• Then, there's the Hobgoblin. The writer at the time he was first introduced, Roger Stern, set up this massive story about a replacement Goblin who was starting to meddle in the affairs of the Kingpin, among others. However, before Stern could reveal the identity, he left the title and the next writer said it was Ned Leeds, a go-to guy for wanna-be Goblins. Between the late 80s and the mid 90s, the role of the Hobgoblin fell to mercenary Jason Macendale, who was incredibly incompetent. Then, Stern returned for a three-issue mini-series devoted to finally clearing up the mystery of the Hobgoblin.
    • "The Final Chapter" reveals Aunt May, who died in The Amazing Spider-Man #400, was an actress hired by Norman Osborn.
    • Spider Man Chapter One would have introduced a modernized origin to replace the early issues of The Amazing Spider-Man, with the newer origin being included in The Amazing Spider-Man volume 2, but this decision was reversed after being met with fan outcry.
    • The stories "One More Day" and "Brand New Day" infamously altered twenty years worth of continuity by erasing Peter Parker and Mary Jane Watson's marriage from continuity. This happened because Spider-Man saved his aunt's life by making a deal with Mephisto, a "demon" character typically used as the Marvel Universe stand-in for the Devil.
    • Black Cat was originally just a laidback adventuress, then Kevin Smith decided to retcon that she was a victim of rape and that her early adventures was a misplaced reaction to it. She was also arrested before and had her identity made public—yet her current Face–Heel Turn is based on Otto Octavius capturing her and her arrest making her identity public.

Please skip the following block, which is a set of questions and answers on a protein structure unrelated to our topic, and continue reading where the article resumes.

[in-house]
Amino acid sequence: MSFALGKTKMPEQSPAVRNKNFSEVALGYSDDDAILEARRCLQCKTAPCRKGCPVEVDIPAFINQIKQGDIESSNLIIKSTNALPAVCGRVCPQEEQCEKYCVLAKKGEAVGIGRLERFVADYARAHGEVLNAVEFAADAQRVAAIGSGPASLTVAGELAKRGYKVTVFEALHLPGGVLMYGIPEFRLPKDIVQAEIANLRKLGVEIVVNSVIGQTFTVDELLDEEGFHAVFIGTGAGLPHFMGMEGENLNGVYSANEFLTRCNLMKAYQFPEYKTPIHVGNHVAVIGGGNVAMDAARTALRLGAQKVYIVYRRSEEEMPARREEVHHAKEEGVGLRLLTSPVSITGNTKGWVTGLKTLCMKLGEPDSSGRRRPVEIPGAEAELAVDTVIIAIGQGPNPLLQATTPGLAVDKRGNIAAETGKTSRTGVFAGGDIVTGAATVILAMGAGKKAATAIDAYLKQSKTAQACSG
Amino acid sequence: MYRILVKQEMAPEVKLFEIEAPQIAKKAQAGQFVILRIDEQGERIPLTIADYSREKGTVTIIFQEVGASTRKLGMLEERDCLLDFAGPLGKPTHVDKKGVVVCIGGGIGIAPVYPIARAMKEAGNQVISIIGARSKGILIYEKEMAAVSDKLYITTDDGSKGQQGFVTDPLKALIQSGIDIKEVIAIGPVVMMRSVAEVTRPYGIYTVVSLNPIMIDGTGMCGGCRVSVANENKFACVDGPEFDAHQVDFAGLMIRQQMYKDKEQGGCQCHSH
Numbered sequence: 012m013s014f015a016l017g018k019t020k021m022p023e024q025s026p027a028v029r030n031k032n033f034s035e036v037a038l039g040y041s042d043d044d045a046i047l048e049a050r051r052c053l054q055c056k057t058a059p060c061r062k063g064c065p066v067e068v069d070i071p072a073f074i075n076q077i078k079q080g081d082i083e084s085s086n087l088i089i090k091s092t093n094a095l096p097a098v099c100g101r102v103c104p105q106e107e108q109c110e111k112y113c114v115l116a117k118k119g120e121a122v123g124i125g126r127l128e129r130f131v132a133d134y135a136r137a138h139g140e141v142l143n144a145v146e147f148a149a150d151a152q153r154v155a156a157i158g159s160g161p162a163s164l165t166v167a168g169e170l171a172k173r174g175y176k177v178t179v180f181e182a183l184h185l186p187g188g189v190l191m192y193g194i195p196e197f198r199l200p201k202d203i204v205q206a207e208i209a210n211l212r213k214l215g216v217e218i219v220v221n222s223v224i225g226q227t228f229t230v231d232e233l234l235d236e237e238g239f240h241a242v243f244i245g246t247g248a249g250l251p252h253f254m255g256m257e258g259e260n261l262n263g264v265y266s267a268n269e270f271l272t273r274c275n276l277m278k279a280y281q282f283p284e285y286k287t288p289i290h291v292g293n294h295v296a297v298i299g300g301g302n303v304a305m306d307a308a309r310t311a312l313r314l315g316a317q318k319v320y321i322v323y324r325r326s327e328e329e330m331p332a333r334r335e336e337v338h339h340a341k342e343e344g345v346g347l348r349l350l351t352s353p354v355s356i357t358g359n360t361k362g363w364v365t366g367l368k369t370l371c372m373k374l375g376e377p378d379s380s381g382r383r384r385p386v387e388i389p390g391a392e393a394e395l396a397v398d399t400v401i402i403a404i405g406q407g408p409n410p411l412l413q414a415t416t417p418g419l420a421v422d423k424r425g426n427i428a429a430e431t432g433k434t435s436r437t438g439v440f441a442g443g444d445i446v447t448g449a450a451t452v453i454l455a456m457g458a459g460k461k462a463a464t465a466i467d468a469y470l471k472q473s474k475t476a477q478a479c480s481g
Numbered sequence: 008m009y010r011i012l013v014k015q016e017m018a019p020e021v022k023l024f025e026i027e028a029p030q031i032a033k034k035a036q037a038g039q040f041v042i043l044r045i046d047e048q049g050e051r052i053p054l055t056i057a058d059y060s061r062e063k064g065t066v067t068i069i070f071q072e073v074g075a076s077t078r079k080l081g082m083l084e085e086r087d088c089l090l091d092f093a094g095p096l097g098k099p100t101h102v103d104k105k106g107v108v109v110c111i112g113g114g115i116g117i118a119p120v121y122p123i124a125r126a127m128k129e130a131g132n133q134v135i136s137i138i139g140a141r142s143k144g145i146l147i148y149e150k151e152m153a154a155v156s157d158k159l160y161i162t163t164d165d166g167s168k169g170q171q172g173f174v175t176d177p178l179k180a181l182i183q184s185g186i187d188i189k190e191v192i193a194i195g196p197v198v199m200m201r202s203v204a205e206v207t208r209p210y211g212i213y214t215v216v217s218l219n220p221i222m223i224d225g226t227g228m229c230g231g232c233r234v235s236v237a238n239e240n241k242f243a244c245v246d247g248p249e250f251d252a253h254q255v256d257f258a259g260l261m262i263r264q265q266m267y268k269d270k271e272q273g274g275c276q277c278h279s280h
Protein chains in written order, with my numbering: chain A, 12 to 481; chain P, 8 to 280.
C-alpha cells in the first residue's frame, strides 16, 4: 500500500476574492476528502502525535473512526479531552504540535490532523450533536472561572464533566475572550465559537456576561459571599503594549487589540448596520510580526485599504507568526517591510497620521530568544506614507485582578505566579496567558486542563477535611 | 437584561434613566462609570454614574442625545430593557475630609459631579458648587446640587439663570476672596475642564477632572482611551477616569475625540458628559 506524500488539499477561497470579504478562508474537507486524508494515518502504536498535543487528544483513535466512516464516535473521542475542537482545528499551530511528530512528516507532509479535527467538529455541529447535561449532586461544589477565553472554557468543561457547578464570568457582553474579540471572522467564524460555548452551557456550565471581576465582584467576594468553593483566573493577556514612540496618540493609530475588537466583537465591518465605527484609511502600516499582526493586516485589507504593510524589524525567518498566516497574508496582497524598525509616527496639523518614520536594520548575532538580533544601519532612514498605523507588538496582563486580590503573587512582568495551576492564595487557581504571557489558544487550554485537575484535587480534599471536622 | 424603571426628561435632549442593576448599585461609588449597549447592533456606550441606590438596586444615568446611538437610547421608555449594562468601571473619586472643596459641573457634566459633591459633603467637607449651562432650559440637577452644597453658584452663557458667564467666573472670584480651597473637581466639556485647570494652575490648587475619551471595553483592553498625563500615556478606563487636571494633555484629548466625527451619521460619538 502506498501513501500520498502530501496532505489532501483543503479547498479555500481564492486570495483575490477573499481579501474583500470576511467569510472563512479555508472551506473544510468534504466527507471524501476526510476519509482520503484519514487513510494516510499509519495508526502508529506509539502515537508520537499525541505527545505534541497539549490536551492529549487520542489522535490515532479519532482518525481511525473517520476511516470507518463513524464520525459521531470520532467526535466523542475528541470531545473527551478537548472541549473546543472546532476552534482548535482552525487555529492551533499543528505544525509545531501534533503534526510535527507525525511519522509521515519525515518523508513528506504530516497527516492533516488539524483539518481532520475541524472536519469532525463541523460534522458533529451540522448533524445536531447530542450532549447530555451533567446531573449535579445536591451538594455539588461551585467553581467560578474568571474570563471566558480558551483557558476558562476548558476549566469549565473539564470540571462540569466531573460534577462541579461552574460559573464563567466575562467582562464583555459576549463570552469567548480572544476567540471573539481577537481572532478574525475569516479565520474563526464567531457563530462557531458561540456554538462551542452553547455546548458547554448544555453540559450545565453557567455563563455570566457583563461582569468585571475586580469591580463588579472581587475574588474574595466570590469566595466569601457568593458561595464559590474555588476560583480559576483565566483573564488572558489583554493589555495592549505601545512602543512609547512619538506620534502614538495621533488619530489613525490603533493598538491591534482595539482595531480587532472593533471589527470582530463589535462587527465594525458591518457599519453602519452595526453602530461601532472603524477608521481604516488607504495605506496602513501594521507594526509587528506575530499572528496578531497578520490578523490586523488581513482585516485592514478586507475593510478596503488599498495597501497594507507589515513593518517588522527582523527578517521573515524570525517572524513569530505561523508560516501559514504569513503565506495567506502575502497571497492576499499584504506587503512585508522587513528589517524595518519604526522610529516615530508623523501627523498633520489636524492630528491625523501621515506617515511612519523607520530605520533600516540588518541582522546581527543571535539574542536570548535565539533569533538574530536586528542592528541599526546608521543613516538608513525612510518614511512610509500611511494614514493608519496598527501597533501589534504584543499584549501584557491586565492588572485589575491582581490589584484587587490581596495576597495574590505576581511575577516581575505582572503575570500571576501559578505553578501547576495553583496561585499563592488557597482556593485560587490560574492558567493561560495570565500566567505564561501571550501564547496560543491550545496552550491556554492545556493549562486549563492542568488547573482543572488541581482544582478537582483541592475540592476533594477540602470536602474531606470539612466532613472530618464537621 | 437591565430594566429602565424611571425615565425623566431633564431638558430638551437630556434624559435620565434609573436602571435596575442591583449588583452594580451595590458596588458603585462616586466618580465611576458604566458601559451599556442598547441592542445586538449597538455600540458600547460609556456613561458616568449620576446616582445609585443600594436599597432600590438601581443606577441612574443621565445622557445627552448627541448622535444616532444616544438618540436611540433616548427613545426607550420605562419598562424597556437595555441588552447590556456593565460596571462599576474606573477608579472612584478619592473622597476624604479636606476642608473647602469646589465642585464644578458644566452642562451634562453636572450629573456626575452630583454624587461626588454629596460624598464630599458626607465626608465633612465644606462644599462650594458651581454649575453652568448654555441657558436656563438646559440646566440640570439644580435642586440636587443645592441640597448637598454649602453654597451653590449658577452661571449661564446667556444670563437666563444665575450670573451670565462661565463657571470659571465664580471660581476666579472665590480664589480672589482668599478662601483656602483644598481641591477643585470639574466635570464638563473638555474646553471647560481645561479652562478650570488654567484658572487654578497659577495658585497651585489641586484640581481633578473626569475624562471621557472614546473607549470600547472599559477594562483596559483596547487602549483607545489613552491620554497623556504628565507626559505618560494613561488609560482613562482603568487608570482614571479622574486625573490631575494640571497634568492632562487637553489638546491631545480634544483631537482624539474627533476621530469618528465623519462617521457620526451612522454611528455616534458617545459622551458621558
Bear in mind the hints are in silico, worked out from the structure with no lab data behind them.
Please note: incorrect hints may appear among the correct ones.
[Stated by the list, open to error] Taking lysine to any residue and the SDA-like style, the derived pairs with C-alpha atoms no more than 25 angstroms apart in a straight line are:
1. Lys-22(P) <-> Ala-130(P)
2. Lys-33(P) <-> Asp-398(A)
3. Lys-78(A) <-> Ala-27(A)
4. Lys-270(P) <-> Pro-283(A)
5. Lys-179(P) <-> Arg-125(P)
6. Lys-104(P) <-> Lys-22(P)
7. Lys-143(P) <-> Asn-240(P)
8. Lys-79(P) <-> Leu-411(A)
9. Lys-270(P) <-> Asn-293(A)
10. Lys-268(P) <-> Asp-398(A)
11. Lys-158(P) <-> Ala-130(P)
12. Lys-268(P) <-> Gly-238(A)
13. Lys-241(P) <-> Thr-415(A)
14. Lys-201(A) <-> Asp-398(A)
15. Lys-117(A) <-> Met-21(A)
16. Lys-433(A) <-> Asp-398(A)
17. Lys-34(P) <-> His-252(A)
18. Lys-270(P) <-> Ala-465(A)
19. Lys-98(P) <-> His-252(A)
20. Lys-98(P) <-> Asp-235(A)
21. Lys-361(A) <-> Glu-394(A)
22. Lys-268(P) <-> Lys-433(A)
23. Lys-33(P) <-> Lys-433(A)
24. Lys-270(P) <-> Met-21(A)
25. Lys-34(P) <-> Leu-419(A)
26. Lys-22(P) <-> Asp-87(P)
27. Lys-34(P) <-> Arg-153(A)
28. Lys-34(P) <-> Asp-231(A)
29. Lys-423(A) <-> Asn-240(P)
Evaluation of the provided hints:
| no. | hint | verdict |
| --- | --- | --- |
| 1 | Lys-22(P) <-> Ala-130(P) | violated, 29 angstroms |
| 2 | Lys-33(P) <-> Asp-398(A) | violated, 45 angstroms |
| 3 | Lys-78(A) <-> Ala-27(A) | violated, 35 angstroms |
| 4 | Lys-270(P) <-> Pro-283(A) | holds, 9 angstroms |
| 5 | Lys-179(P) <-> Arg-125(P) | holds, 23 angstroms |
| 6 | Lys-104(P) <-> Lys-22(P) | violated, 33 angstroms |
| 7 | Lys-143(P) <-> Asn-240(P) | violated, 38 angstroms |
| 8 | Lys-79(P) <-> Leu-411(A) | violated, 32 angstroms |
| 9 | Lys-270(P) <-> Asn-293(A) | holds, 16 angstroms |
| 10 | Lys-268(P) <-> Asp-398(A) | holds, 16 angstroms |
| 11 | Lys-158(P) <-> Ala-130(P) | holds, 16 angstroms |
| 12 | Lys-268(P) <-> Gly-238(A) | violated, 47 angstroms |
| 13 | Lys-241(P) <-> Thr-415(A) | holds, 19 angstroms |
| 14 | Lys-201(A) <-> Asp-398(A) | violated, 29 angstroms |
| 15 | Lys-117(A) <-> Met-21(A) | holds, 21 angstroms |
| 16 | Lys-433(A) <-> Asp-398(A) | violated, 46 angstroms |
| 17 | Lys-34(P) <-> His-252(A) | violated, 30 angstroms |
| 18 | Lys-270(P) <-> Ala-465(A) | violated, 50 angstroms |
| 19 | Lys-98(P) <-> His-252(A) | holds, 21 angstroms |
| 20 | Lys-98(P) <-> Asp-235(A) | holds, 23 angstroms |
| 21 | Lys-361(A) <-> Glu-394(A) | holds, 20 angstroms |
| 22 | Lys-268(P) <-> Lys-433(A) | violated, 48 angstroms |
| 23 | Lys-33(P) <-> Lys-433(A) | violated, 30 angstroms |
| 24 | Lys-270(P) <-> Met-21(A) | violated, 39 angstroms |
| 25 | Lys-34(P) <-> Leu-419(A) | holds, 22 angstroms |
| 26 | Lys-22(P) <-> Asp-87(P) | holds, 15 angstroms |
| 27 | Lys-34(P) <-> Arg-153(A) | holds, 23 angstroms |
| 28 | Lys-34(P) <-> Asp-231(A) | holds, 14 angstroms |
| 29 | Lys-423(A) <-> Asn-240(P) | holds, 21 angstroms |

• Untold Tales of Spider-Man adds in stories taking place during the time of the original stories.
    • Trouble attempted to redo the origin of Spider-Man by centering around a contemporary group of friends, Ben, May, Mary and Richard, with May having an affair with Richard, implying Peter was born to Aunt May. This has since been considered discontinuity.
    • Sins Past and Sins Remembered establishes Norman Osborn and Gwen Stacy had a son and daughter, Gabriel Stacy and Sarah Stacy.
    • In Amazing Spider-Man vol 3 #1, it is revealed the same spider that bit Peter also bit Cindy Moon on her ankle, and she eventually became known as Silk. Tangled Web of Spider-Man #1-3 establishes Carl King, a bully, studied and ate the spider, and became The Thousand.
    • In Dead No More: The Clone Conspiracy, The Night Gwen Stacy Died is changed to reveal that, before the Goblin knocked her over, Gwen Stacy had woken up and heard Spidey call himself "Peter". She automatically hates both because of what happened to her father. In issue 4, however, when Peter finally confronts Gwen (or better, another clone with her last memoirs), she does say that she forgives him and, in a tie-in, she admits that she's still in love with Peter, but she feels betrayed by him being Spider-Man, though she understands why he does what he does.